Time Will Tell


Watch Us Perform

TWT performances have sometimes been filmed and we include those films here to give you a sense of what our performances are like, both indoors and outdoors.

We have also been asked to perform in films for English Heritage. The Myths and Legends series for 2019 were cast, costumed and written and performed by us with the very talented Immediate Media.

RAS The Way to the Stars

This performance for the Royal Astronomical Society is typical of our work. It involves acted out scenarios, storytelling and song, with some deft visual images. The RAS were delighted and asked us for the lyrics for the “Song of the Computers” so they could sing it at their annual dinner. It told a serious story in an amusing way to a room full of some of the cleverest people we’ve worked for.

‘Myths & Legends’ series for English Heritage

This series of films, still ongoing, is part of the EH celebration of myths and legends associated with their sites. Our aim was to be true to the legend and to tell each one in a slightly different way, with Kathy as a focus to build on her incredible internet success as Mrs. Crocombe at Audley End House. We wanted to act as a counterpoint to the excellent dissections of the truth behind the myths by Professor Hutton, by presenting the version of the stories that had come to be the accepted legend. Not only do we appear in them, but Simon wrote the rhyming couplet narration and did the voice over. Many TWT regulars appear in the series.


Whitby is a familiar site to us thanks to our Dracula promenade play. We had covered the subject of St Hild before, but this was a fantastic opportunity to retell the tale with Kathy as the heroine, ridding the Abbey land of serpents, and winning over the locals in the process. For a shoot in spring the weather was glorious, perhaps St. Hild was showing her approval?!

Dancers of Stanton Drew

The tale of how the standing stones came to be is a classic moral tale. It allowed us to bring in colleagues with music and dance skills to frolic in a cow pat strewn field on a baking hot spring da. All credit to EH and Immediate Media for filming and editing this into a brilliant take on the tale.

Cult of Mithras

This story was more of a challenge as so little is known, but a lot is inferred about this ancient cult. I worked closely with EH historians to create a script that gave a sense of the mystery and told a possible version of what practitioners of the cult might have done. It was our first purely studio shoot and it was helped by our colleague Nigel Amos providing us with an excellent selection of Roman Cavalry parade helmets, which really added to the atmosphere.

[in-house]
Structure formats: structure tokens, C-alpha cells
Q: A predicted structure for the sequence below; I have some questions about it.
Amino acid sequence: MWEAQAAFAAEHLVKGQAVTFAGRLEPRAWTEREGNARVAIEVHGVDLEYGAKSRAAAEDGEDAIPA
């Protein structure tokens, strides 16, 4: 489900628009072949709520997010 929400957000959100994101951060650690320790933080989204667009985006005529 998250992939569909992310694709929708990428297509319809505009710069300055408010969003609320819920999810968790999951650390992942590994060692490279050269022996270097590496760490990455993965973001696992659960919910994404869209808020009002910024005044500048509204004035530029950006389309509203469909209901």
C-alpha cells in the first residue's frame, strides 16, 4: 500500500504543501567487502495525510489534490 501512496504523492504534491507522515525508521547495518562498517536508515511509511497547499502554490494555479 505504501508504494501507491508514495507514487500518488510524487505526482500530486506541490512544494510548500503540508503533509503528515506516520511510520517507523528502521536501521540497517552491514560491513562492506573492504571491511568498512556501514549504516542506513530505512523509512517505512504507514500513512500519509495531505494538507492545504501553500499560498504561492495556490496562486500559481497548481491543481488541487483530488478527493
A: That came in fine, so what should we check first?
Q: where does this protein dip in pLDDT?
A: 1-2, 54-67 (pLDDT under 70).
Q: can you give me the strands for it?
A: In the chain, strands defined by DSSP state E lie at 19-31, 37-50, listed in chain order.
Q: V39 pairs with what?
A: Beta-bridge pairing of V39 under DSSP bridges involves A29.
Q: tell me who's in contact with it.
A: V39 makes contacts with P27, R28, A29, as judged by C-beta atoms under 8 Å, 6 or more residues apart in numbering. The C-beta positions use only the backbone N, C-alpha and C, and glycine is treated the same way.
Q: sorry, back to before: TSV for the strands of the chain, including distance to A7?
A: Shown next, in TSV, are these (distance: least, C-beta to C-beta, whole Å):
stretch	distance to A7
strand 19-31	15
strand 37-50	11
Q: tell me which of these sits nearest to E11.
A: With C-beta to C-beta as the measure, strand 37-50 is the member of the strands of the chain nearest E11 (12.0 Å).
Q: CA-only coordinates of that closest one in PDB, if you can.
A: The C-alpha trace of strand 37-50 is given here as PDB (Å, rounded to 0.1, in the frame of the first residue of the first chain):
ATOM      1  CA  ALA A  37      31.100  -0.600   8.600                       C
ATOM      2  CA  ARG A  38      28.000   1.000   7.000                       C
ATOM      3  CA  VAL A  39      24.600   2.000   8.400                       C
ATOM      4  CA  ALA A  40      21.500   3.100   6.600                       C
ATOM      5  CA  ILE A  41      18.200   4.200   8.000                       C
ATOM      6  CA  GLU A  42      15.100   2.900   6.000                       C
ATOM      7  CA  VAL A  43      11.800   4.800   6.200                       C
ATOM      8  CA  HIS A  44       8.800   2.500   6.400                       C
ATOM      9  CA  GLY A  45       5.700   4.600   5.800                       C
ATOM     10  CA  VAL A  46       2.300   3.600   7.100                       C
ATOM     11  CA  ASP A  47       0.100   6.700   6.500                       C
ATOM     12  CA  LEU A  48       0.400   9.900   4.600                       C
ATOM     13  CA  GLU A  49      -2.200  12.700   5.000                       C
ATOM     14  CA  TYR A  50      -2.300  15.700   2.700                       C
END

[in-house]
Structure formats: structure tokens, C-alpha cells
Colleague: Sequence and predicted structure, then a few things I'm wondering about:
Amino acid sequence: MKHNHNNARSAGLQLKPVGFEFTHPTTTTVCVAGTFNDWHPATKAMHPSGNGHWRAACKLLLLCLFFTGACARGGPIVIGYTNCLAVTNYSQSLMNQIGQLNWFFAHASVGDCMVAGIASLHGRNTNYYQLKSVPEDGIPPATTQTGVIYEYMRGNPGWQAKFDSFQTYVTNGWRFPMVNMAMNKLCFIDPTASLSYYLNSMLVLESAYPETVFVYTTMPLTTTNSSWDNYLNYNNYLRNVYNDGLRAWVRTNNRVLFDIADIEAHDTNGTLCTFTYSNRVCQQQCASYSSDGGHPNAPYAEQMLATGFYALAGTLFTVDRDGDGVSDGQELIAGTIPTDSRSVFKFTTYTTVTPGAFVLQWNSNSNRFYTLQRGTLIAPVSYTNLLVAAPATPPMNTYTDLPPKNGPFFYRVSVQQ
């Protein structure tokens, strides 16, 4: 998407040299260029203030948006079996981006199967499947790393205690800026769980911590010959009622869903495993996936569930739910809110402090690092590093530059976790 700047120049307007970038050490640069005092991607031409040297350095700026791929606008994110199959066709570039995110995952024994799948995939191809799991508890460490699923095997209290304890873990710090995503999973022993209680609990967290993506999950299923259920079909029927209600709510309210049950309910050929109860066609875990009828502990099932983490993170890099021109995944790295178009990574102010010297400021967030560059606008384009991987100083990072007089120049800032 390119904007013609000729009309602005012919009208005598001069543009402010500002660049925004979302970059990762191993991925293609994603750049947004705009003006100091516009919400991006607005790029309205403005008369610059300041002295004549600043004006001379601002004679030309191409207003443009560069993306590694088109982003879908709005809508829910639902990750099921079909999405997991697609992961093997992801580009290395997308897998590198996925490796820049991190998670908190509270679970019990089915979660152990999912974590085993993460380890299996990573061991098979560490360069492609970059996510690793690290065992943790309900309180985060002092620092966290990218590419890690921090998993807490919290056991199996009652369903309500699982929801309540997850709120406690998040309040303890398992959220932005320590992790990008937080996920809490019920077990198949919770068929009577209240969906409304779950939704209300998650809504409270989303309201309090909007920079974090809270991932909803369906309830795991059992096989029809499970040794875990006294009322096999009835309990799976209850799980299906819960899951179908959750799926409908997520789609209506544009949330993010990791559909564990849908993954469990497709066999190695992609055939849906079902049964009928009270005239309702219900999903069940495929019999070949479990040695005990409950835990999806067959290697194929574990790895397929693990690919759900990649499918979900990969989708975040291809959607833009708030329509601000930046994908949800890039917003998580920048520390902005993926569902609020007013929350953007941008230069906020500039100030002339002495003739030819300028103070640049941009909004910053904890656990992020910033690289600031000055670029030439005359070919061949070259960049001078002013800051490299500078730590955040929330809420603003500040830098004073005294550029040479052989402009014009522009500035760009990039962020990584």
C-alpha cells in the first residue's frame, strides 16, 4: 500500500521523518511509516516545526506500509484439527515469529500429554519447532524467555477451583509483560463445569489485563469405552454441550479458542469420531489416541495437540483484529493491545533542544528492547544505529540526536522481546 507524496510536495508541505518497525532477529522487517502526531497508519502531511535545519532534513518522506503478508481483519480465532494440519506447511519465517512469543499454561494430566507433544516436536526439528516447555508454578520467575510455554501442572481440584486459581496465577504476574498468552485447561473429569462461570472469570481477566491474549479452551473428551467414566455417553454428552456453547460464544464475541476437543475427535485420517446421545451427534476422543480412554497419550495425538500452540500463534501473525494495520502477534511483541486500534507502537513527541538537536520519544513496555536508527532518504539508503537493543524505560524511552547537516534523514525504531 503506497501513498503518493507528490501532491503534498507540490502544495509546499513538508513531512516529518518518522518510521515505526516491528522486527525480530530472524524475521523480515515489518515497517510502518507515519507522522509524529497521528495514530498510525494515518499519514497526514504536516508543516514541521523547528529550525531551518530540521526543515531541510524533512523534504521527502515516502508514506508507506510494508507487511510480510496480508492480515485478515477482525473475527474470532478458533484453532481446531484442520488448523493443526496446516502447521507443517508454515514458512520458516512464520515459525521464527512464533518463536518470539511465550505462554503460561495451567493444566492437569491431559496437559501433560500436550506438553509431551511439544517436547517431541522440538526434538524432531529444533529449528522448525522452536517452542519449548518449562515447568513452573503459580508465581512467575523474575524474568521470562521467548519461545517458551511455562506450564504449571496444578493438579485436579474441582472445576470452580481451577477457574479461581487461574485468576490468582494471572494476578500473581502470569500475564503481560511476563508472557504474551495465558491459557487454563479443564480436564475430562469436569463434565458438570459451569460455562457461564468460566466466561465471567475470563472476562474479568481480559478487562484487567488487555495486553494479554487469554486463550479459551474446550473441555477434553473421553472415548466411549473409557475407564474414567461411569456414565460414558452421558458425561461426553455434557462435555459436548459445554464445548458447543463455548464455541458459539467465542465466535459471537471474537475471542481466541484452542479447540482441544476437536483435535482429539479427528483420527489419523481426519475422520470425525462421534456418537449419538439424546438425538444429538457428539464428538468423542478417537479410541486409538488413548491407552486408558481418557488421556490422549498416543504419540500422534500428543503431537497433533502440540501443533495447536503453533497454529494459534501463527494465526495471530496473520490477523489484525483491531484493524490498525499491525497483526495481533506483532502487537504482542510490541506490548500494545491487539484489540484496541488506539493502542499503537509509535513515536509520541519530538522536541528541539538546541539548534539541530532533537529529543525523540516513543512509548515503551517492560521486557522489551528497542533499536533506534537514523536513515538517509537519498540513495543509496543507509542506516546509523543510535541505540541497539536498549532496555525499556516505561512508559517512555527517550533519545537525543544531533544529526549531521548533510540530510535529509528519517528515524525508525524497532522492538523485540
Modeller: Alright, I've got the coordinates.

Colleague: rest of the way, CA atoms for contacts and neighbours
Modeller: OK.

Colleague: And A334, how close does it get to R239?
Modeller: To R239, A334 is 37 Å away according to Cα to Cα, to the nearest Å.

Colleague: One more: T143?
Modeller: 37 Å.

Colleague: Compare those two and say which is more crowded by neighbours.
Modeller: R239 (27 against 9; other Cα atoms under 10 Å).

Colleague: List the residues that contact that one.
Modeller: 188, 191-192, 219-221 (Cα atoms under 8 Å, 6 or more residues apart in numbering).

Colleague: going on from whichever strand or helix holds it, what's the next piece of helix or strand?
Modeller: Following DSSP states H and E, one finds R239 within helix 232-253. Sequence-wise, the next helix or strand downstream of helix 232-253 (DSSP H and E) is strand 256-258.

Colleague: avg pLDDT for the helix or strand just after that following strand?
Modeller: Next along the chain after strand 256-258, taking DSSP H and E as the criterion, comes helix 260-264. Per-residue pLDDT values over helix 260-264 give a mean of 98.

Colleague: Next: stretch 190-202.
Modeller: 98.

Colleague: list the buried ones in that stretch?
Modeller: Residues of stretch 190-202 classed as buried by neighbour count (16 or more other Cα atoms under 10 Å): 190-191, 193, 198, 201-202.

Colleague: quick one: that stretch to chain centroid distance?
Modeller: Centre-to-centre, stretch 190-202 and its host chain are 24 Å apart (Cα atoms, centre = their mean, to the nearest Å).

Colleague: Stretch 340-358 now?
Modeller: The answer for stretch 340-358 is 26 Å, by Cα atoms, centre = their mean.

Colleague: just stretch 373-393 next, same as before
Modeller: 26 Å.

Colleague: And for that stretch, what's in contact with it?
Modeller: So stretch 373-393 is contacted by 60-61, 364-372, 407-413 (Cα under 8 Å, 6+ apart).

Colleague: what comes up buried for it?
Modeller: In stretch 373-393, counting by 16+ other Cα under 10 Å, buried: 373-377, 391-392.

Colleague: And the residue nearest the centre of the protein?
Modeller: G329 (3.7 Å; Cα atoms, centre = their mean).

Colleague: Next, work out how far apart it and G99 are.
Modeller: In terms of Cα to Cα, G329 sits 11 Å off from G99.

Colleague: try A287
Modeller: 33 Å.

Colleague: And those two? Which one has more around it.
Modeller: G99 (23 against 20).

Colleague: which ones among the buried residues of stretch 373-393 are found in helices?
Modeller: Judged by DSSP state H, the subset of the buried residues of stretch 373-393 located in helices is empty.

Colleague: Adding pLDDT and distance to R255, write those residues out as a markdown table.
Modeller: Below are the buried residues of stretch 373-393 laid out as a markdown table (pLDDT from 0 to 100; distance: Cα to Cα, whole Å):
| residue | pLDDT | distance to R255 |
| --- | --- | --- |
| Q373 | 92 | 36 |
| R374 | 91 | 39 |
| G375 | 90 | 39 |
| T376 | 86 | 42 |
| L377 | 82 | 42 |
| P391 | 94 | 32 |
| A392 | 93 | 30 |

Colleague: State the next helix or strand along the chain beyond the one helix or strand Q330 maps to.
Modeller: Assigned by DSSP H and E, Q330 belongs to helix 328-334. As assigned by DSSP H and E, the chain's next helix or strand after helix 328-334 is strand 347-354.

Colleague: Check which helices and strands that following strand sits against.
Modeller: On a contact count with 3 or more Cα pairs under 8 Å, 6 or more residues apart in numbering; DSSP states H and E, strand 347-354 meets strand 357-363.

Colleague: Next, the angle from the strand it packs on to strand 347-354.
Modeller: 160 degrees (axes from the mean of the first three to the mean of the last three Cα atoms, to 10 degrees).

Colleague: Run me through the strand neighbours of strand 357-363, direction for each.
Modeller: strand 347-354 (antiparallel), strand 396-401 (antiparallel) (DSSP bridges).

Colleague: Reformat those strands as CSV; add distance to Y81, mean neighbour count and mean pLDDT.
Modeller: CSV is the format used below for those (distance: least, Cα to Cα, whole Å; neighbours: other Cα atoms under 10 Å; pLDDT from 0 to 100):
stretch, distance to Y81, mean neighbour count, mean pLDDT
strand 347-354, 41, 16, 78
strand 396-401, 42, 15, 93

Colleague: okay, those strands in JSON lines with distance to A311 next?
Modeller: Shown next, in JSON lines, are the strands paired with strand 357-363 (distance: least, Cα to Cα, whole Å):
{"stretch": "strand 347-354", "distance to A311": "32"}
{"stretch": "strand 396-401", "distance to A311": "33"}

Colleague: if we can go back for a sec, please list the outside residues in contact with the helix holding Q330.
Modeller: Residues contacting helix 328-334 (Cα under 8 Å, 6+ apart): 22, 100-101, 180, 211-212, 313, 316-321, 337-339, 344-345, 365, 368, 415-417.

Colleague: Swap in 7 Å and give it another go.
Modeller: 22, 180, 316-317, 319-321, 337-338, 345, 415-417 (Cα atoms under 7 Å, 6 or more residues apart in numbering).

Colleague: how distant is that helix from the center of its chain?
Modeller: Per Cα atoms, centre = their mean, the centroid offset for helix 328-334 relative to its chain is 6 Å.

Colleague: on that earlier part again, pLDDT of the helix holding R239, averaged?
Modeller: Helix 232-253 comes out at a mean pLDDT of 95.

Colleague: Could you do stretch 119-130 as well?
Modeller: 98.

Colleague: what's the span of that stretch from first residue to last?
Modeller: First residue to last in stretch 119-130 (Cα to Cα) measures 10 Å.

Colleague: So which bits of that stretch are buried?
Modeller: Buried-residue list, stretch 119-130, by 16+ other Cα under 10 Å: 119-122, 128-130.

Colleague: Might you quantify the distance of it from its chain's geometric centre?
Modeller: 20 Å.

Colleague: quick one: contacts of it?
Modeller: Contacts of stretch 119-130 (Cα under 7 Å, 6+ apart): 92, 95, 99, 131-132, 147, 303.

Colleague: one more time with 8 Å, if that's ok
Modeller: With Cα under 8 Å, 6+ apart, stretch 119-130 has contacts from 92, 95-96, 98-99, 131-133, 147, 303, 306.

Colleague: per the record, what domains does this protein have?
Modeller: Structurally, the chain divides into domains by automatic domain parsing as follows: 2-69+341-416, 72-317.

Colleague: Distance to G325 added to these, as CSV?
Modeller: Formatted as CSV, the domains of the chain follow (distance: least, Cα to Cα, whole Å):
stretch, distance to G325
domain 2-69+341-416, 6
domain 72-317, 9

Charles II and the Oak

Again the weather was kind to us, although in all those layers of wool, running round on a hot summers day was not the most comfortable experience. The thrill for us here was that we were actually on the site of these events from nearly 370 years ago. As this story was quite well known, we wanted to make it funnier than it must have been for the participants at the time. As with our plays, we generally have a cast of three, and this has been true of all the films except Stanton Drew. After her absence from the all-male world of Mithras, Kathy returned to play King Charles’s saviour and we hope the twist at the end raises an eyebrow.

The Wronged Lady

The most challenging of the series so far, involving as it does, a ghost coach made of bones and a phantom Hell Hound. We hope you enjoy the results. The Production Team really did a great job in the edit.

‘What was life like as…’ series for English Heritage

So far we have appeared in two of this series, which gave children the opportunity to experience the lives of historical figures associated with well known EH sites.

Tracy, who you will recognise from the RAS “Way to the Stars” film, gave a brilliant turn as Margaret Brotherton, a thirteenth century noblewoman, instructing her charges in the manners expected at table at Framlingham Castle.

Simon portrays a Saxon Abbott, Aelred of Rievaulx Abbey in North Yorkshire with his delightful monks, who do not look like they would like to live on the recommended monastic diet, although they quickly learnt how to keep a vow of silence and still communicate.

Medieval noble woman

Medieval monk

Sophia Duleep Singh

Filmed in the middle of the Thetford Festival of the Punjab and telling an incredible story of bravery and resilience, this piece illustrates how we are often surrounded by distractions and yet our actress Grethe is unphased by it. This sort of “Pop Up” or Street Theatre is where we are often found. As part of the Thetford Festival of the Punjab we have performed pieces for two years running, and have had the great honour of seeing Grethe perform this piece in Parliament.